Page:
Incoming LSU infielder Josh Smith woke up Saturday morning to his father telling him they needed to prepare for a flood.
About 10 hours later, he needed to leave his home in a boat being operated by the National Guard.
Smith, a highly-regarded infielder from Catholic High, said the water near his Central home was in the streets when his father woke him up and told him to get ready to move furniture.
Eight-hundred miles away from a hometown he’d previously never left, Josh Smith endures some…
“About 30 minutes later, it was halfway up our driveway and that was when we noticed the water was probably going to come in,” Smith said.
The water rose fast. Smith said he and his dad only had about an hour to move the things they wanted to preserve to the attic before the water started seeping into the house.
When the water came, Smith said his neighbors took in his grandmother and put her in an upstairs bedroom until help could arrive.
“My neighbors were awesome in this,” Smith said.
His mother and grandmother caught a ride to dry ground while Smith and his father stayed behind to salvage what they could, all the while staying in touch with LSU baseball coach Paul Mainieri.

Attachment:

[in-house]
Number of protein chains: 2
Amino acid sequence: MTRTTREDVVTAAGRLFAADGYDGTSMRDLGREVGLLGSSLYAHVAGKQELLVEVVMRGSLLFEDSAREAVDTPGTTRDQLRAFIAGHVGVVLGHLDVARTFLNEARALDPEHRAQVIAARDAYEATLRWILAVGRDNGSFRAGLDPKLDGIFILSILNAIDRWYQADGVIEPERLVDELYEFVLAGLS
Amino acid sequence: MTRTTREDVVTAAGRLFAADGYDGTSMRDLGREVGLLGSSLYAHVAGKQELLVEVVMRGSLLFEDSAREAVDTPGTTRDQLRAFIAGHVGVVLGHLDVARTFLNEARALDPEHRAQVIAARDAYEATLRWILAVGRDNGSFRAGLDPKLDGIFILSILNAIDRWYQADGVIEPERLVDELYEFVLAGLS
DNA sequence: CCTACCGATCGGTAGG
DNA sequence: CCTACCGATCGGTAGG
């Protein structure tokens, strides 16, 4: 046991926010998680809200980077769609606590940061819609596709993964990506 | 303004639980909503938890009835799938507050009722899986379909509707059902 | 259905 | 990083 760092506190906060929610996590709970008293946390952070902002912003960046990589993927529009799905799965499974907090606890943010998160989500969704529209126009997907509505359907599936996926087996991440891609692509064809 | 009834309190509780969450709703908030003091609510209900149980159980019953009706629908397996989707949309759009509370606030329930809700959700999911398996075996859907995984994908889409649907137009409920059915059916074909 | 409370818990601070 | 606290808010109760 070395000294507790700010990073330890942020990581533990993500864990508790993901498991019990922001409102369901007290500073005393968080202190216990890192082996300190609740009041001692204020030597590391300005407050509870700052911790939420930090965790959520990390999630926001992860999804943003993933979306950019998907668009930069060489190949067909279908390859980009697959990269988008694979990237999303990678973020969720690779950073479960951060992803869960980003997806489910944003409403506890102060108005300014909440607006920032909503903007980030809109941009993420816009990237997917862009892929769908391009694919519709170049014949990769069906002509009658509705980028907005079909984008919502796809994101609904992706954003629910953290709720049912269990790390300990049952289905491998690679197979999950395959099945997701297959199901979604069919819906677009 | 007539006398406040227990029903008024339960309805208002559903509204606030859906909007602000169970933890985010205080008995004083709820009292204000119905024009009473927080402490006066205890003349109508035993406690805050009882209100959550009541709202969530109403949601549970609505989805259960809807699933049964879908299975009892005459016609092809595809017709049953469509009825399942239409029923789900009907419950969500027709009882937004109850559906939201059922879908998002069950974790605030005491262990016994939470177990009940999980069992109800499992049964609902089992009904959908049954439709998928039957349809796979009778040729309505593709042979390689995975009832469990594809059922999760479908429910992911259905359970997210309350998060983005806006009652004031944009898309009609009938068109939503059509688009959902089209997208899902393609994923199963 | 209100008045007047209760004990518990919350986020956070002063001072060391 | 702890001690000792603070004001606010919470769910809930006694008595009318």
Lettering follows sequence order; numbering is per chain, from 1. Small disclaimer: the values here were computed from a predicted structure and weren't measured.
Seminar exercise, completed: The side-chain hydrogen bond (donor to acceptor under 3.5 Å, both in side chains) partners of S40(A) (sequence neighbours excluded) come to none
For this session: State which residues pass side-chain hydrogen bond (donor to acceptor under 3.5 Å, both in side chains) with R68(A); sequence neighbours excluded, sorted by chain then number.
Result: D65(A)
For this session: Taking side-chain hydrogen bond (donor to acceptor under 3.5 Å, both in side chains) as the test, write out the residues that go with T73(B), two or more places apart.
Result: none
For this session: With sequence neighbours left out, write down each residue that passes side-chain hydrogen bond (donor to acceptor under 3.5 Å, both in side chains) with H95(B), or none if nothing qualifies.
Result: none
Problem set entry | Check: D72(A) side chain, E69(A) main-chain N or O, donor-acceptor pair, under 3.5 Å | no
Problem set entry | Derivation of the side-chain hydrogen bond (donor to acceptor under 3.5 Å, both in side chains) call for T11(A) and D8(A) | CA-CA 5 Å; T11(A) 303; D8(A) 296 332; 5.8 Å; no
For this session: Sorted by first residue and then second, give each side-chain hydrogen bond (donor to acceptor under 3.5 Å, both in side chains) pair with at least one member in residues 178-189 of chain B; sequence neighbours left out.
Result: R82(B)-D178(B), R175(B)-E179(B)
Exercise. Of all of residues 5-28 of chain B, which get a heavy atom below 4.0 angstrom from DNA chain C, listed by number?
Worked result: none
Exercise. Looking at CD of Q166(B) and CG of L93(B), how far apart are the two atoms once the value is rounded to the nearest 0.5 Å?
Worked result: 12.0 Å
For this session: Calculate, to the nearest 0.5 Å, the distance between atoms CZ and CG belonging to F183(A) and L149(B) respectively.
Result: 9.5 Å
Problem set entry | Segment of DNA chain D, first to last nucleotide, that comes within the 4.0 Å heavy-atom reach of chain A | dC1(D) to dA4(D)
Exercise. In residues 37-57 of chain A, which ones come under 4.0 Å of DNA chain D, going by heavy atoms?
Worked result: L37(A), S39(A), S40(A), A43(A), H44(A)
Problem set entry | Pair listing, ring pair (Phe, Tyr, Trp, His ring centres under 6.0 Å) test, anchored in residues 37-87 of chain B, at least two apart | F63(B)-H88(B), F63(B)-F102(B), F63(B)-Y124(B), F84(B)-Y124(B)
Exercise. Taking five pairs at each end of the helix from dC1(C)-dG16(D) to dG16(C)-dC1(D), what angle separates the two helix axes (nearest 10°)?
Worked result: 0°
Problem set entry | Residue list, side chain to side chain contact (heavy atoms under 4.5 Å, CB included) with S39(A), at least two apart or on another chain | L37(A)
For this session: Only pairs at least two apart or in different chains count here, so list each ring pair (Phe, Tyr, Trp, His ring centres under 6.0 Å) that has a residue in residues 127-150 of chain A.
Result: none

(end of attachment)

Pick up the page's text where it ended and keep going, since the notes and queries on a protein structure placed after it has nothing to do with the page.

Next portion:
“I kept in touch with him and let him know I was safe and that my family was all right,” Smith said. “It’s pretty cool he’d care that much about our family to let us know, and he actually offered to help.”
The National Guard arrived by about 6 p.m. to take Smith, his father and his dog out of the house. The rescue had a surreal feeling to Smith.
“It was unreal, it was like a movie,” Smith said. “The stuff you saw on the news during Katrina, you thought it would never happen to you.”
After staying a couple nights with family friends out near the University Club in Baton Rouge, Smith and his family were back at their house Monday.
As he and his family dealt with the aftermath of the flooding — ripping up wood floors and throwing out soiled furniture — he still considered himself lucky compared to what some others had to go through.
“We got blessed,” Smith said. “We probably only got a little under a foot of water at our house and some people are having it a lot worse than us.”
Mainieri said Smith was the only member of the team directly affected, though Brennan Breaux went home to Lafayette to help some family impacted by the flooding there.
That includes the LSU baseball coaching staff, all of whom managed to get through the storm without being displaced or having their homes take on water.
Mainieri added that the LSU baseball facilities “survived the storm without any major damage.”